Peripheral monocytes of obese women display increased chemokine receptor expression and migration capacity. Krinninger P1, Ensenauer R, Ehlers K, Rauh K, Stoll J, Krauss-Etschmann S, Hauner H, Laumen H. J Clin Endocrinol Metab. 2014 Jul;99(7):2500-9
The activation of peripheral immune cells and the infiltration of immune cells into adipose tissue in obesity are implicated in the development of type 2 diabetes mellitus. In this study peripheral immune cells from obese and normal-weight women were compared with regard to composition of immune cell subpopulations, surface expression of the chemokine receptors (CCRs) CCR2, CCR3, CCR5, and CXCR3 (chemokine (C-X-C motif) receptor 3) and cell-intrinsic migration capacity. Obese females and normal-weight females were included for fluorescence-activated cell sorting analysis and migration assays. Peripheral blood mononuclear cells were prepared from fasting blood samples. An increase in the percentages of CD14(+)CD16(+) monocytes was observed in obese subjects compared with controls. The CCR profile of monocytes differed significantly in the obese state; in particular, CCR2 levels were increased. In addition, a higher chemotactic activity of monocytes from obese subjects was observed in a migration assay, which was associated with both insulin resistance and CCR2 expression. Conclusion: The results suggest that the enhanced intrinsic migratory capacity of peripheral monocytes in obese women may be due to the increased CCR expression, further supporting a link between peripheral immune cell dysfunction and obesity.
COMMENT-The obese subjects had an increased proportion of CD14+CD16+ circulating monocytes, that can secrete pro-inflammatory cytokines on activation. This, along with other evidence, supports a role for general immune activation as part of the low-grade inflammatory process seen in adipose tissue in obesity.

Bacterial DNA translocation holds increased insulin resistance and systemic inflammatory levels in morbid obese patients.Ortiz S1, Zapater P, Estrada JL, Enriquez P, Rey M, Abad A, Such J, Lluis F, Francés R. J Clin Endocrinol Metab. 2014 Jul;99(7):2575-83
Morbidly obese patients show several common comorbidities associated with immunological alterations such as a sustained low-level proinflammatory profile. Bacterial product translocation is frequent in inflammation-related diseases and may aggravate patients' clinical outcome. Consecutively admitted morbidly obese patients who presented indications for bariatric surgery were studied. Before surgery, patients were subjected to a modified fasting diet. Patients (58) underwent surgery by sleeve gastrectomy or laparoscopic Roux-en-Y gastric bypass. Blood samples were collected at baseline, at the end of a 3-month modified fasting period, and 3, 6, and 12 months after surgery. Serum cytokine and endotoxin levels were evaluated by flow cytometry and ELISA, respectively. Bacterial DNA was identified in blood by broad-range PCR of prokaryote 16SrRNA gene and partial sequencing analysis.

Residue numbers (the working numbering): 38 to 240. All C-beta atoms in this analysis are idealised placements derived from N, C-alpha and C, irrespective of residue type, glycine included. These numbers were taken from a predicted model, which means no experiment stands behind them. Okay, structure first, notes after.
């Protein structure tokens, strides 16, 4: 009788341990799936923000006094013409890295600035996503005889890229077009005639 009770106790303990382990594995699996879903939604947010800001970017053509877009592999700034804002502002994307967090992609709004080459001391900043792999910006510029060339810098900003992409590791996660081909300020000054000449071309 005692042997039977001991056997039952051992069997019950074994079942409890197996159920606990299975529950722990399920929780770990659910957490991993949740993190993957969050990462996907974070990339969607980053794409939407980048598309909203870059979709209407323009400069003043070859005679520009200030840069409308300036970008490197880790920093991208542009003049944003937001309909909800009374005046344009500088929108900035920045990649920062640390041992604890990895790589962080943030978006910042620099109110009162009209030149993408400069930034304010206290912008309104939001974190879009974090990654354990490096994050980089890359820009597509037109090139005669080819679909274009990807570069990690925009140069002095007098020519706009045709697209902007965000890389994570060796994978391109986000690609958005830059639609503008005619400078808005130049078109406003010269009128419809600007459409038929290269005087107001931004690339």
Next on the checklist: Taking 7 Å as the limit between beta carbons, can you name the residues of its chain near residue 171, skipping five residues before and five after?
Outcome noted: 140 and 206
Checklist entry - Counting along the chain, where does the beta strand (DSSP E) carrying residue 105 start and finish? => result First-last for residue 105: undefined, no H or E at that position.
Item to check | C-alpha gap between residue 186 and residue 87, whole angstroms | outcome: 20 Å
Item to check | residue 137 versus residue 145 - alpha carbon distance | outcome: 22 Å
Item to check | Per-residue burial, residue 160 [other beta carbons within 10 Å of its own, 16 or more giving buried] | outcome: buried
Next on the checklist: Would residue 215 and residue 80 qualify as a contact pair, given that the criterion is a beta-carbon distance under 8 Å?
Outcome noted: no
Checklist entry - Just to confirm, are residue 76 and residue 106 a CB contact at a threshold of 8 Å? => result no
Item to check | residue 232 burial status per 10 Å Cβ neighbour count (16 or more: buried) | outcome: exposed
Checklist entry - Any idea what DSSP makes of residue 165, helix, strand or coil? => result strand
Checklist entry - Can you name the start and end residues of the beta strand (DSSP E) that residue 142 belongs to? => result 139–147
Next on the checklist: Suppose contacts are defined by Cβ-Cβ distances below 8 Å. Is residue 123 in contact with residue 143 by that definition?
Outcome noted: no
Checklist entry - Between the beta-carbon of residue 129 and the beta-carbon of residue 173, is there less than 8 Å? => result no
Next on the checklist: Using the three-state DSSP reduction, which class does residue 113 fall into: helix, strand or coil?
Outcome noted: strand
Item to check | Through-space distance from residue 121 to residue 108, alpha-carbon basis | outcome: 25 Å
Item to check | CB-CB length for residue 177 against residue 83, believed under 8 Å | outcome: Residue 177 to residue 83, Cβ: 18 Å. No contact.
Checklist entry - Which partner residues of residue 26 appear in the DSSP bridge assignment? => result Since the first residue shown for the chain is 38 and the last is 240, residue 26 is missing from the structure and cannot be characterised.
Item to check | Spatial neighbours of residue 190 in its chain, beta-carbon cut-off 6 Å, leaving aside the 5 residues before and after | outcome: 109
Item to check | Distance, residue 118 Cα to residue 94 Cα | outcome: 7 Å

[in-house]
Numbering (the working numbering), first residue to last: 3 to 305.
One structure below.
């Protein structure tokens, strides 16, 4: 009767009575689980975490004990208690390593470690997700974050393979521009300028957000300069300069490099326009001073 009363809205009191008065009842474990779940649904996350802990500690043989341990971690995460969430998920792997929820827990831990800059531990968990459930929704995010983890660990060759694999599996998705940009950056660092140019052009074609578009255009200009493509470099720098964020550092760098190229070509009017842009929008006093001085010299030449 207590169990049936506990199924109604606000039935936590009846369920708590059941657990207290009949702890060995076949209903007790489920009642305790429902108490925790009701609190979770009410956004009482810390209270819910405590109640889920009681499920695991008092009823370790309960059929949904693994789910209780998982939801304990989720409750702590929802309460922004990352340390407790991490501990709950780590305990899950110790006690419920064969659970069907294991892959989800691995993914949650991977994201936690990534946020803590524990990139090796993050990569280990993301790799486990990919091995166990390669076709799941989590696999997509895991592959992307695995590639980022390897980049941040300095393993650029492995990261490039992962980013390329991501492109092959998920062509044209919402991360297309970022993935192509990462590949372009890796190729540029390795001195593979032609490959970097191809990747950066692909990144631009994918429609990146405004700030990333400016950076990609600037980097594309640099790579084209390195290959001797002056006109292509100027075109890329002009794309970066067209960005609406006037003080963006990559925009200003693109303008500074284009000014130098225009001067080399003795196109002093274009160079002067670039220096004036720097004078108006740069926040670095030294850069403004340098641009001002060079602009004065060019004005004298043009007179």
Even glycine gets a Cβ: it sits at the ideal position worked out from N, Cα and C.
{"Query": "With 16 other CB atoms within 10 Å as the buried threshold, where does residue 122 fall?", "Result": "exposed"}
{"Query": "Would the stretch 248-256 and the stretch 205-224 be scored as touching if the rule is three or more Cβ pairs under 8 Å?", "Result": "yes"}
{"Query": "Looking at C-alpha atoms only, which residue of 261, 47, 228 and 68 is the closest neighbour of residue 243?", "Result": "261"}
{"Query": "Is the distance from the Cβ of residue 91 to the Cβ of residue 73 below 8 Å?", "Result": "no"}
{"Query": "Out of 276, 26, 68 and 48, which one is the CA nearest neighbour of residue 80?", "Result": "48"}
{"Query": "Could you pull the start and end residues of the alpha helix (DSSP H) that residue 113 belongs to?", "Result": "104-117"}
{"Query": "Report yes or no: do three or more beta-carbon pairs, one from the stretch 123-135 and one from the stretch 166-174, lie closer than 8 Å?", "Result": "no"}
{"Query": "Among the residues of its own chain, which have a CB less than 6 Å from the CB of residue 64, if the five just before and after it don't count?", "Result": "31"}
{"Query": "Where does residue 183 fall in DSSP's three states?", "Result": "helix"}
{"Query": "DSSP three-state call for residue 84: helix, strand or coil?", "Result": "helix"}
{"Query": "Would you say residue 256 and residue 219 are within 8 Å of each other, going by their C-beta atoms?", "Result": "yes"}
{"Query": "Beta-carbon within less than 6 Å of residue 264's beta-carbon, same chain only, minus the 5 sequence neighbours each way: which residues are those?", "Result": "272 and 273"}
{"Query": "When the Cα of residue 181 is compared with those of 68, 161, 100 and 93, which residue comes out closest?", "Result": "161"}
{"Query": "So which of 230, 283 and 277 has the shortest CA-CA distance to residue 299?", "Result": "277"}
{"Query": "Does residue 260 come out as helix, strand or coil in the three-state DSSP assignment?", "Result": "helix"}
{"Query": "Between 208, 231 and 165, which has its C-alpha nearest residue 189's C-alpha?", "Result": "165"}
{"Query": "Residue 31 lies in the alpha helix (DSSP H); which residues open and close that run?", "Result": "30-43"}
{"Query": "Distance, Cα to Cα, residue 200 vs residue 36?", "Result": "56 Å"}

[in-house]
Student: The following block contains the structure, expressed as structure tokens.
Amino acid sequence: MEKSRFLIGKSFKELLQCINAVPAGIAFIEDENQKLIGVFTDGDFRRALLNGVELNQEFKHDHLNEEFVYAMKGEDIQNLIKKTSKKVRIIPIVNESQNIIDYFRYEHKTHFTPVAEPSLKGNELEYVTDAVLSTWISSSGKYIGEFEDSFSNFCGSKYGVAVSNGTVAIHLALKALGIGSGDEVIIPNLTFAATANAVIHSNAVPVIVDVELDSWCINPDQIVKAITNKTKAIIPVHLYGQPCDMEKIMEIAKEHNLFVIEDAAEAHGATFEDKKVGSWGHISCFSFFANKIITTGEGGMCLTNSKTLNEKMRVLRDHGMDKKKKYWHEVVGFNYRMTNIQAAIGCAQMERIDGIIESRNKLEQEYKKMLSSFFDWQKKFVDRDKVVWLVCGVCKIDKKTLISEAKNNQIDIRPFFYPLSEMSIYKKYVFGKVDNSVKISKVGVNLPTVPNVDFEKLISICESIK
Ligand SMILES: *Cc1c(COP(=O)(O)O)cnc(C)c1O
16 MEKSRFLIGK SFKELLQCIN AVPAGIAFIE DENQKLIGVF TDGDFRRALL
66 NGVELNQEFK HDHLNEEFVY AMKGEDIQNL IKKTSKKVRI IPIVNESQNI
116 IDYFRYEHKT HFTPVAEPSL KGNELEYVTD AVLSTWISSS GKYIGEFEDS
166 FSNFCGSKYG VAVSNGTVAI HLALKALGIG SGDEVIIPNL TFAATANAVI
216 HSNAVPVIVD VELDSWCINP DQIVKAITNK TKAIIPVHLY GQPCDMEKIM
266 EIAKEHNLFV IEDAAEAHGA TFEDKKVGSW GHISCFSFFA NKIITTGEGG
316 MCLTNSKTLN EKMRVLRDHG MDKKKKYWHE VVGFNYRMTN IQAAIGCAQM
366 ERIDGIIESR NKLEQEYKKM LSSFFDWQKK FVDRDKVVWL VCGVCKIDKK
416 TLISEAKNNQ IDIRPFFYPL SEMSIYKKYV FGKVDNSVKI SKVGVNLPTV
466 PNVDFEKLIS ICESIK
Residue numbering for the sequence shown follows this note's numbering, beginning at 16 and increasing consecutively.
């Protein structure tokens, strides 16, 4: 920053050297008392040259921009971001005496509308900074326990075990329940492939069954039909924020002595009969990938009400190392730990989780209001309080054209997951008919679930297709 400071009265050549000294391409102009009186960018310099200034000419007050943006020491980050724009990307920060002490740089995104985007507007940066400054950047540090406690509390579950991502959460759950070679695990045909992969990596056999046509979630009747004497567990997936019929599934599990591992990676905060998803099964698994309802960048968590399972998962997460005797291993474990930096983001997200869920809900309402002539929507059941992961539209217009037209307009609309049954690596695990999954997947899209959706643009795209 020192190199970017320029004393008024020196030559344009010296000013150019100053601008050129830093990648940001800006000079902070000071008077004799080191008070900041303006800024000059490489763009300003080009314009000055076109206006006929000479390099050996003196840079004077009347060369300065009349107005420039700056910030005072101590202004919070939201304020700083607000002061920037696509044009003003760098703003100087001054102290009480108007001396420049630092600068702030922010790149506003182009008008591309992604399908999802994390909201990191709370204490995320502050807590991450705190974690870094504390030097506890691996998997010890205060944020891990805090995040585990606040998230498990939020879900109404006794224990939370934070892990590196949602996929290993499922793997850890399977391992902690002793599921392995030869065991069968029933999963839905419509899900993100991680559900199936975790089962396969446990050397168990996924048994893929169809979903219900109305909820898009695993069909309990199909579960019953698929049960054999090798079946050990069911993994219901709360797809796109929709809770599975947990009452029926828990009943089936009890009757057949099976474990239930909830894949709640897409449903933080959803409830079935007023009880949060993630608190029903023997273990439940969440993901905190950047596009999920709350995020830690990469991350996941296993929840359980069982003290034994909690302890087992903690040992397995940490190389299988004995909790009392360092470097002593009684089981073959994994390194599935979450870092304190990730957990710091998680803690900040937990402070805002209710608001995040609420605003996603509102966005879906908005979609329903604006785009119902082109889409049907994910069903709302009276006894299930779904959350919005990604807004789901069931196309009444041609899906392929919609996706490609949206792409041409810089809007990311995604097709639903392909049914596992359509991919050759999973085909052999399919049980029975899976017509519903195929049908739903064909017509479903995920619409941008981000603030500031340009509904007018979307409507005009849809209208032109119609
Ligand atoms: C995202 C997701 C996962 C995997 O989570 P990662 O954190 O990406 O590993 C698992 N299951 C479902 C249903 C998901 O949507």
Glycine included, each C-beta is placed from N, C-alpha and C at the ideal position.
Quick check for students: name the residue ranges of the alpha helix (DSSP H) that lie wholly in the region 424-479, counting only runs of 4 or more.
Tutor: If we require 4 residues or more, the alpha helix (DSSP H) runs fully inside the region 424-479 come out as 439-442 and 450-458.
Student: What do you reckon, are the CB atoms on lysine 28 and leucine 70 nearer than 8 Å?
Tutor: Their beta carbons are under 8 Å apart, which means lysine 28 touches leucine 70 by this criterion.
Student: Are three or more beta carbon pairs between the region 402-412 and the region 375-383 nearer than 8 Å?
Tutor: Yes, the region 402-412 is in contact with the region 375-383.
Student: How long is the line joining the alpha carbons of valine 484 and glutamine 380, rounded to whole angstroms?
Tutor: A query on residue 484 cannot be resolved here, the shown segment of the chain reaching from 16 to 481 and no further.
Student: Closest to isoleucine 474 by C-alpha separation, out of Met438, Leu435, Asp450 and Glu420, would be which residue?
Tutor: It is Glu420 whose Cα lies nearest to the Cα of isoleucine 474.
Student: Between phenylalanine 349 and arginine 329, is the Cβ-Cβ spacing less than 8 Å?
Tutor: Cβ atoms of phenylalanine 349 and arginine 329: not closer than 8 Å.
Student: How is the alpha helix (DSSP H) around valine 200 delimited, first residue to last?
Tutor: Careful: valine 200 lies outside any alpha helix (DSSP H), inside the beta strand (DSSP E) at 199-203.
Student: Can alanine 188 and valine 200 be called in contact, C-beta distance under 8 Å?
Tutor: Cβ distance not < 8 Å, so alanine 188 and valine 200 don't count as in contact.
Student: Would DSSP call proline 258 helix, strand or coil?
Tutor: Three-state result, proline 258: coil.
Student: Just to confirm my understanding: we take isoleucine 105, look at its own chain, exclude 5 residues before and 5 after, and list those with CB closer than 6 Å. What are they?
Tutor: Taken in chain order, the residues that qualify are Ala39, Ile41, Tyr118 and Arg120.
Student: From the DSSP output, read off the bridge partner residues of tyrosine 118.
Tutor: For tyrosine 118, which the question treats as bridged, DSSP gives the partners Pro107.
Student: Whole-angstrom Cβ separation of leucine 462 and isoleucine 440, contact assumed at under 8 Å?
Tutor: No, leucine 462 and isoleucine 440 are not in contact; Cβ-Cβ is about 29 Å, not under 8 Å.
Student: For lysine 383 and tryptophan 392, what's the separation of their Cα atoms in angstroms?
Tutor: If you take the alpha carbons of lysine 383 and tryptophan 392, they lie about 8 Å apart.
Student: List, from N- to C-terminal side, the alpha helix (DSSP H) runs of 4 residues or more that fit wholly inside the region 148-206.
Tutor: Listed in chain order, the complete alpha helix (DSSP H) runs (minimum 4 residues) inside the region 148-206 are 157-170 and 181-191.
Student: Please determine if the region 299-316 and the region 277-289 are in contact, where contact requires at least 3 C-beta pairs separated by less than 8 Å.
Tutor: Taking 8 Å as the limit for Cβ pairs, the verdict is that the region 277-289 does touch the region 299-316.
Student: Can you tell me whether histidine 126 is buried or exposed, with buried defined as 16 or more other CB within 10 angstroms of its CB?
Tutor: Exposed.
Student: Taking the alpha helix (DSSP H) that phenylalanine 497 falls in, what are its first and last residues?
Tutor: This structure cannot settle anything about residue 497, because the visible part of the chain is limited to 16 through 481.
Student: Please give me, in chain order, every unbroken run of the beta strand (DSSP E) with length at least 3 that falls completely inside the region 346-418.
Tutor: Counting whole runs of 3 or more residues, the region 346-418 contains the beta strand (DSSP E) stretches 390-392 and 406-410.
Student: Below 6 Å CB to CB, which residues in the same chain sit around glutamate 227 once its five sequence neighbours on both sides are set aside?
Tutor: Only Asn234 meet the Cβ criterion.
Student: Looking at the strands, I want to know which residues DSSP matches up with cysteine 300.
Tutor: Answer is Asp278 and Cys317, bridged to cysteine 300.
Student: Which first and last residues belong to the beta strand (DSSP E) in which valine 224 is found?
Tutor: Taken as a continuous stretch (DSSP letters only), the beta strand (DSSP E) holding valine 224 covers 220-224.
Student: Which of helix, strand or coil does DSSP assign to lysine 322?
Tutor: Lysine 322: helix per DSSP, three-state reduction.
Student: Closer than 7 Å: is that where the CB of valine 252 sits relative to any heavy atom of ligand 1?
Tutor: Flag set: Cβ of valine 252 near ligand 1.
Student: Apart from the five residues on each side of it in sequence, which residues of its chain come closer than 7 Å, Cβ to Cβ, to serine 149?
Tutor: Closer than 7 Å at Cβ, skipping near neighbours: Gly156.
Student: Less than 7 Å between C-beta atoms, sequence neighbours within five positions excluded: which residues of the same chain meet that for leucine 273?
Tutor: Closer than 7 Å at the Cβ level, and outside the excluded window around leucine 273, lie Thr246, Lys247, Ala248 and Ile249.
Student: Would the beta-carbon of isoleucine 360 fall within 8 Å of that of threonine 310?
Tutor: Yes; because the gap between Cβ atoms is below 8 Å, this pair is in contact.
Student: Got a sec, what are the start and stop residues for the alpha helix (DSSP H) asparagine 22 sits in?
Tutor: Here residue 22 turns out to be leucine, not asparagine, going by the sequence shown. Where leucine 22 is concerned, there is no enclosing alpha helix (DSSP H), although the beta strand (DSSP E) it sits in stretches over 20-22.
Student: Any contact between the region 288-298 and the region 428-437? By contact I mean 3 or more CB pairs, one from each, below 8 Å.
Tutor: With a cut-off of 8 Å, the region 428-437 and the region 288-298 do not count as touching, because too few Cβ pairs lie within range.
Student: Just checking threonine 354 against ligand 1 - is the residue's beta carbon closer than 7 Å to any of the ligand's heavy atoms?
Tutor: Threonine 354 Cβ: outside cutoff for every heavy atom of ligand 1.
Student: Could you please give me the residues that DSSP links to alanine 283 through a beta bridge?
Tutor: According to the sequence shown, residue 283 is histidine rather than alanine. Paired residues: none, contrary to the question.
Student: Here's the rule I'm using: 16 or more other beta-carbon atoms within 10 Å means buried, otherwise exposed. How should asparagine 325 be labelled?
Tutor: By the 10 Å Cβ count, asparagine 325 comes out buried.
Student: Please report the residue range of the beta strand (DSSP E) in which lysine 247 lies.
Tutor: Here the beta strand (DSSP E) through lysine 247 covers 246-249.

All patients showed a significantly reduced weight and body mass index at each time-point. Postoperative mortality was null. Bacterial DNA translocation rate was 32.8% (19 of 58) at baseline; 13.8% (8 of 58) after the modified fasting period; and 13.8% (8 of 58), 1.8% (1 of 58), and 5.2% (3 of 58) at 3, 6, and 12 months after surgery. Proinflammatory cytokines, serum endotoxin levels, and insulin resistance remained increased in patients with bacterial DNA despite weight loss and were individually affected by the appearance/clearance of bacterial DNA in blood. Multivariate analyses revealed bacterial DNA as an independent significant factor, explaining the systemic cytokine response and the insulin resistance levels in the studied population. Bacterial DNA translocation “holds” increased insulin resistance and systemic inflammatory levels in morbidly obese patients despite significant weight loss.
COMMENT- This study indicates that gut bacterial DNA is at least transiently present in blood of 30% of obese indiviuals, and is related to the low-grade inflammatory state of morbid obesity. While inflammatory markers generally declined after surgery, their persistence was associatecd with maintenance of the inflammatory state.